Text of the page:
imageABSTRACTObjectives:Cirrhosis occurs in 5% to 10% of cystic fibrosis (CF) patients, often accompanied by portal hypertension. We analyzed 3 adverse liver outcomes, variceal bleeding (VB), liver transplant (LT), and liver-related death (LD), and risk factors for these in CF Foundation Patient Registry subjects with reported cirrhosis.Methods:We determined 10-year incidence rates for VB, LT, LD, and all-cause mortality (ACM), and examined risk factors using competing risk models and Cox-proportional hazard regression.Results:From 2003 to 2012, 943 participants (41% females, mean age 18.1 years) had newly reported cirrhosis; 24.7% required insulin, 85% had previous pseudomonas. Seventy-three subjects had reported VB: 38 with first VB and new cirrhosis reported simultaneously and 35 with VB after cirrhosis report. Ten-year cumulative VB, LT, and LD rates were 6.6% (95% confidence interval [CI]: 4.0, 9.1%), 9.9% (95% CI: 6.6%, 13.2%), and 6.9% (95% CI: 4.0%, 9.8%), respectively, with an ACM of 39.2% (95% CI: 30.8, 36.6%). ACM was not increased in subjects with VB compared to those without (hazard ratio [HR] 1.10, 95% CI: 0.59, 2.08). CF-related diabetes (HR: 3.141, 95% CI:1.56, 6.34) and VB (HR: 4.837, 95% CI: 2.33, 10.0) were associated with higher LT risk, whereas only worse lung function was associated with increased LD in multivariate analysis. Death rate among subjects with VB was 24% with LT and 20.4% with native liver.Conclusions:VB is an uncommon complication of CF cirrhosis and can herald the diagnosis, but does not affect ACM. Adverse liver outcomes and ACM are frequent by 10 years after cirrhosis report. Objectives: Cirrhosis occurs in 5% to 10% of cystic fibrosis (CF) patients, often accompanied by portal hypertension. We analyzed 3 adverse liver outcomes, variceal bleeding (VB), liver transplant (LT), and liver-related death (LD), and risk factors for these in CF Foundation Patient Registry subjects with reported cirrhosis. Methods: We determined 10-year incidence rates for VB, LT, LD, and all-cause mortality (ACM), and examined risk factors using competing risk models and Cox-proportional hazard regression. Results: From 2003 to 2012, 943 participants (41% females, mean age 18.1 years) had newly reported cirrhosis; 24.7% required insulin, 85% had previous pseudomonas. Seventy-three subjects had reported VB: 38 with first VB and new cirrhosis reported simultaneously and 35 with VB after cirrhosis report. Ten-year cumulative VB, LT, and LD rates were 6.6% (95% confidence interval [CI]: 4.0, 9.1%), 9.9% (95% CI: 6.6%, 13.2%), and 6.9% (95% CI: 4.0%, 9.8%), respectively, with an ACM of 39.2% (95% CI: 30.8, 36.6%). ACM was not increased in subjects with VB compared to those without (hazard ratio [HR] 1.10, 95% CI: 0.59, 2.08). CF-related diabetes (HR: 3.141, 95% CI:1.56, 6.34) and VB (HR: 4.837, 95% CI: 2.33, 10.0) were associated with higher LT risk, whereas only worse lung function was associated with increased LD in multivariate analysis. Death rate among subjects with VB was 24% with LT and 20.4% with native liver. Conclusions: VB is an uncommon complication of CF cirrhosis and can herald the diagnosis, but does not affect ACM. Adverse liver outcomes and ACM are frequent by 10 years after cirrhosis report.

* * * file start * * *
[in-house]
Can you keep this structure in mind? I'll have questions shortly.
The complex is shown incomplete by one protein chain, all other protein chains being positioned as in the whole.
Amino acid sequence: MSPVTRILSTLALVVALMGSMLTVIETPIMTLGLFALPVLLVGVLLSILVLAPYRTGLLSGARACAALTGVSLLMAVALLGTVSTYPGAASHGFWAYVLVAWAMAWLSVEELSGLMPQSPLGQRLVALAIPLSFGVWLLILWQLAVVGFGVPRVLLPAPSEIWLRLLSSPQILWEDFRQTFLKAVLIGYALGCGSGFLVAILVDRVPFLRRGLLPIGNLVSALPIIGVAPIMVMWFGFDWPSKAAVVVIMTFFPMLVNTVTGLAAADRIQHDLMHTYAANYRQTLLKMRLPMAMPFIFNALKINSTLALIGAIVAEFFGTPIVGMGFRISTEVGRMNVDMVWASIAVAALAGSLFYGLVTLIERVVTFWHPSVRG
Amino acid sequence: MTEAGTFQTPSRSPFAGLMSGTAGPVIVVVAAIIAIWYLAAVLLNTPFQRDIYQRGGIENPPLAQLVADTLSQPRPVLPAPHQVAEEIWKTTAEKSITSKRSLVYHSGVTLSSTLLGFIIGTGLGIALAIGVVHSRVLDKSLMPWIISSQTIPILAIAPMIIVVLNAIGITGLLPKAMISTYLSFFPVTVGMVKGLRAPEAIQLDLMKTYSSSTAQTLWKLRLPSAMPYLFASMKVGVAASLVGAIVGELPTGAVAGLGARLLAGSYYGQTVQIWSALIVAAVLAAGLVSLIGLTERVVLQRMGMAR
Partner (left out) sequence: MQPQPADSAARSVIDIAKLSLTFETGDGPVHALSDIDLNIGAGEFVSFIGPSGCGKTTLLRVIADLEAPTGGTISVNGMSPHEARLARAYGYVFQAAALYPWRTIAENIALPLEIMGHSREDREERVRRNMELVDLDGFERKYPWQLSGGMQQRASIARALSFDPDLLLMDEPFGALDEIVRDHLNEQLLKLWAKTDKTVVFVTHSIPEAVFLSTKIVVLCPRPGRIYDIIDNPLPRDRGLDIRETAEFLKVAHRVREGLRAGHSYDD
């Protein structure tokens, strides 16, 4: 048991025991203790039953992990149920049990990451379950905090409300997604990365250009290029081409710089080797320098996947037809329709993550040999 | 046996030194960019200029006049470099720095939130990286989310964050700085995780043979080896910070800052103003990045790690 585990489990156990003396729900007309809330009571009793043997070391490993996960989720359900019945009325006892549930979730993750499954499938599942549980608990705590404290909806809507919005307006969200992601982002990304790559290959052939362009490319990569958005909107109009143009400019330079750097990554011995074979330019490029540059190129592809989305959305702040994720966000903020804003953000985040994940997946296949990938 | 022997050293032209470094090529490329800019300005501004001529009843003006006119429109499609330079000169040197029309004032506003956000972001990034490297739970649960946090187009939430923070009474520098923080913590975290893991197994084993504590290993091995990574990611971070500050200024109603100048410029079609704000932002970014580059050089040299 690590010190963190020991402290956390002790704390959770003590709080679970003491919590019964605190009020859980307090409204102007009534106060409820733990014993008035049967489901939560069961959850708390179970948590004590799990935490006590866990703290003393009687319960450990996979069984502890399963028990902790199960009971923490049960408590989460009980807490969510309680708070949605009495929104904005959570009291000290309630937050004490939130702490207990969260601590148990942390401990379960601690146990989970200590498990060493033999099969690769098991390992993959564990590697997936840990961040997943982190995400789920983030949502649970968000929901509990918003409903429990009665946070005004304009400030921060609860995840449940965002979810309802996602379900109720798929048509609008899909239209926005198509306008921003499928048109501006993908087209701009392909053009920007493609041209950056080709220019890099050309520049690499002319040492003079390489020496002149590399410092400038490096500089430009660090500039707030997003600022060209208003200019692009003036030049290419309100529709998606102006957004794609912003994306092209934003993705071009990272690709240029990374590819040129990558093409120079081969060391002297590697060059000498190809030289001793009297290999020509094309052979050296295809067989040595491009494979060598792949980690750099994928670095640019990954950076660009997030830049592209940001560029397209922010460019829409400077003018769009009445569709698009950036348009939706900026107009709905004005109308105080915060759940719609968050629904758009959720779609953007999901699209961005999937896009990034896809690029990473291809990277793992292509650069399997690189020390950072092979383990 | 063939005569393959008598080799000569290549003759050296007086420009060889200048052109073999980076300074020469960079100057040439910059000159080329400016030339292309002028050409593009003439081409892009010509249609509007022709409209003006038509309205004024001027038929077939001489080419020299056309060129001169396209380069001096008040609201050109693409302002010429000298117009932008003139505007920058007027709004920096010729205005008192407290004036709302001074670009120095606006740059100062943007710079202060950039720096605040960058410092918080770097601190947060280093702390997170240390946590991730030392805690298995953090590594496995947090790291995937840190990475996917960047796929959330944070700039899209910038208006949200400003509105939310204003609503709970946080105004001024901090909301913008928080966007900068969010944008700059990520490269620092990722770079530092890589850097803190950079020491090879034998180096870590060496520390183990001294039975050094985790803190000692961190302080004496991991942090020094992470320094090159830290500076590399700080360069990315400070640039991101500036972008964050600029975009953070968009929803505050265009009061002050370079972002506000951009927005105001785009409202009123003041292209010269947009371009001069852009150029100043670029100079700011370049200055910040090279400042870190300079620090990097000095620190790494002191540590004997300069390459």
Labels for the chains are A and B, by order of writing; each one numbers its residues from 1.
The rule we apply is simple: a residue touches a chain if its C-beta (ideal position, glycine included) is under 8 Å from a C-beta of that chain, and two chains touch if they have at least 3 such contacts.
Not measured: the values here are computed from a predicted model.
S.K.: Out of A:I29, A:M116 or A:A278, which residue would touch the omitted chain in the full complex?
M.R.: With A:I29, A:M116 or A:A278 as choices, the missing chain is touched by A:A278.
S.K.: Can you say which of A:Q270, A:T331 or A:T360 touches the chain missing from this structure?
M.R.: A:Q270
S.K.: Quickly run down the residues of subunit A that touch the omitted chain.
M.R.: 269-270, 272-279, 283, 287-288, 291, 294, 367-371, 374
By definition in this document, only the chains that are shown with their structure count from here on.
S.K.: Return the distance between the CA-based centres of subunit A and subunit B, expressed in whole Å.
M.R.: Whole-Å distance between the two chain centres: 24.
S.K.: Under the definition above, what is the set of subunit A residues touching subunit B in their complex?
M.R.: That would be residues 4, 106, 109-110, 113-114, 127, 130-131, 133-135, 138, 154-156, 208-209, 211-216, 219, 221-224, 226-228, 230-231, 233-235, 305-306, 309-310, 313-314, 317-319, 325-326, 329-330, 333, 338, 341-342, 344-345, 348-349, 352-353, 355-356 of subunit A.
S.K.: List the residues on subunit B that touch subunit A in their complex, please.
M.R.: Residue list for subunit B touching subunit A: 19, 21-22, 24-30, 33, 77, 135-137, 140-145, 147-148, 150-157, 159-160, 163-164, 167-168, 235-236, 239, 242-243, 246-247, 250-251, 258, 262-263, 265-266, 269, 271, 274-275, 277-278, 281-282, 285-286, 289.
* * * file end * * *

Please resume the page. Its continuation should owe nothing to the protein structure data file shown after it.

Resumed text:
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Development of the Aim to Decrease Anxiety and Pain Treatment for Pediatric Functional Abdominal Pain Disorders